We’ve added another unboxing/review video to the Army Men Wargaming YouTube Channel! This clip is a close look at the Ninjas vs. Pirates Battle Figures Set by Imperial Toy, LLC. While not exactly the first image that comes to mind when thinking of Army Men, there are some quality sculpts in this 90-figure, 54mm set, which retails at $3 to $6 U.S.
Budget Battle, a free, downloadable rule wargame set designed specifically for these sets, is reviewed here. We designed a set of print-and-play tokens for Budget Battle, which are available for free download here.
If you play this game and determine a victor in the Pirates Vs. Ninjas saga, please tell us about it in the comments!
One of the suggestions made during yesterday’s review of Phil West’s Budget Battle wargame rules was that the game would play more smoothly if there was a set of tokens to identify units that have already acted during a turn.
Since we plan on doing a Pirates vs. Ninjas battle report using these rules in the near future, we thought we may as well go ahead and design those tokens, which can be downloaded here, or through our Free Downloads Page.
Most of the tokens are round, and one inch across. They can be cut out with scissors or, with minimal investment, punched out with a 1″ round scrapbooking punch. We often buy 1-1/4″ steel washers, then attach our paper tokens to the washers with glue sticks for long-term durability.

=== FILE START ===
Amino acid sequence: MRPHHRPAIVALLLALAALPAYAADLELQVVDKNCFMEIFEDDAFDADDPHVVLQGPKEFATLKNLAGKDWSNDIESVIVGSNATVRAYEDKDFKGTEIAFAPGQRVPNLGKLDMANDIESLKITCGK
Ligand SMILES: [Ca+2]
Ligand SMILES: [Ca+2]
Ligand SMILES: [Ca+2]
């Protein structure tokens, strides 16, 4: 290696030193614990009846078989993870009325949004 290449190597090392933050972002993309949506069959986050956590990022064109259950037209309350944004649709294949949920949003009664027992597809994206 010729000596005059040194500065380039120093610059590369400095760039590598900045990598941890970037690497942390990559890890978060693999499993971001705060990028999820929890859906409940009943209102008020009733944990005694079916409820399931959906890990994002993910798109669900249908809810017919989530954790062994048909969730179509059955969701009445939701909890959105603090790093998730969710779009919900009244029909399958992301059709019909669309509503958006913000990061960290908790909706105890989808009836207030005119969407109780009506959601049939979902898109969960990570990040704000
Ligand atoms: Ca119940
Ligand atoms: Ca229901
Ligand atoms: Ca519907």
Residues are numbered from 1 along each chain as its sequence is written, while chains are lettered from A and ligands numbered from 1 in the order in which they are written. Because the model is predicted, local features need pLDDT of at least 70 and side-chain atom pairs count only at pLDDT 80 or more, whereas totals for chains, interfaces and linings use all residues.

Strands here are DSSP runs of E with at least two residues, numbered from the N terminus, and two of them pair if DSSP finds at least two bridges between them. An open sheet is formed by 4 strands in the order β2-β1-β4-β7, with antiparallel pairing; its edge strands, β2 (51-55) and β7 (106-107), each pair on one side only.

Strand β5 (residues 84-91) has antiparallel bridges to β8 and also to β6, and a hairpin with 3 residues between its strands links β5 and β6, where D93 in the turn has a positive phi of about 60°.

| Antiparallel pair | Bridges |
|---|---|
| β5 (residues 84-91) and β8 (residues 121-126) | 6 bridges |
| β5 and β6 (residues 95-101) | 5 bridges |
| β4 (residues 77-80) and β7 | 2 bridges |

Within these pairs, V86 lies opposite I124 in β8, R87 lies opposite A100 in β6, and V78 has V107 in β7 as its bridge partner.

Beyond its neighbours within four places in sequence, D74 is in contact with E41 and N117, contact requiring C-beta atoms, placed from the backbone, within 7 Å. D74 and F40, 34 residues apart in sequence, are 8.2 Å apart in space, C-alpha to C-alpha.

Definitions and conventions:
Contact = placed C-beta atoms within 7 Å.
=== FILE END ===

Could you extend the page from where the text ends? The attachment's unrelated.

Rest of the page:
The tokens represent figures that have already moved, already shot, or already moved and shot during a turn, as well as tokens that identify pirate figures that carry grenades or ninja figures who are considered hidden. The second page features a cut-out template that accurately depicts a flamethrower’s arc of fire, so it is easy to see which enemies nay be affected.
Did we leave any token concepts out of our design? Let us know in the comments, and we’ll update the document!
There are dozens of wargaming rule sets that could make use of army men as miniatures, and Budget Battle is a fine example. The rules, drafted by Phil West (free download here), are a mere six pages in length. They were prepared for use with any of the numerous play sets available in 54mm/2-inch “army men” scale, containing two separate forces – forces which don’t always include army men. As examples, the author cites sets labeled Army Men vs. Cavemen, or Pirates vs. Ninjas.
Enough 54mm figures to form two sides, a handful of six-sided dice, a tape measure or ruler
No rules are provided for army building; there are no point values or limitations on how many of a certain type of figure may be present in a squad or on the battlefield. Since the rules clearly state that they are designed for use with a specific type of play set that includes two separate forces, the implication seems to be that the players will empty the canister of troops and start the battle with whatever is inside.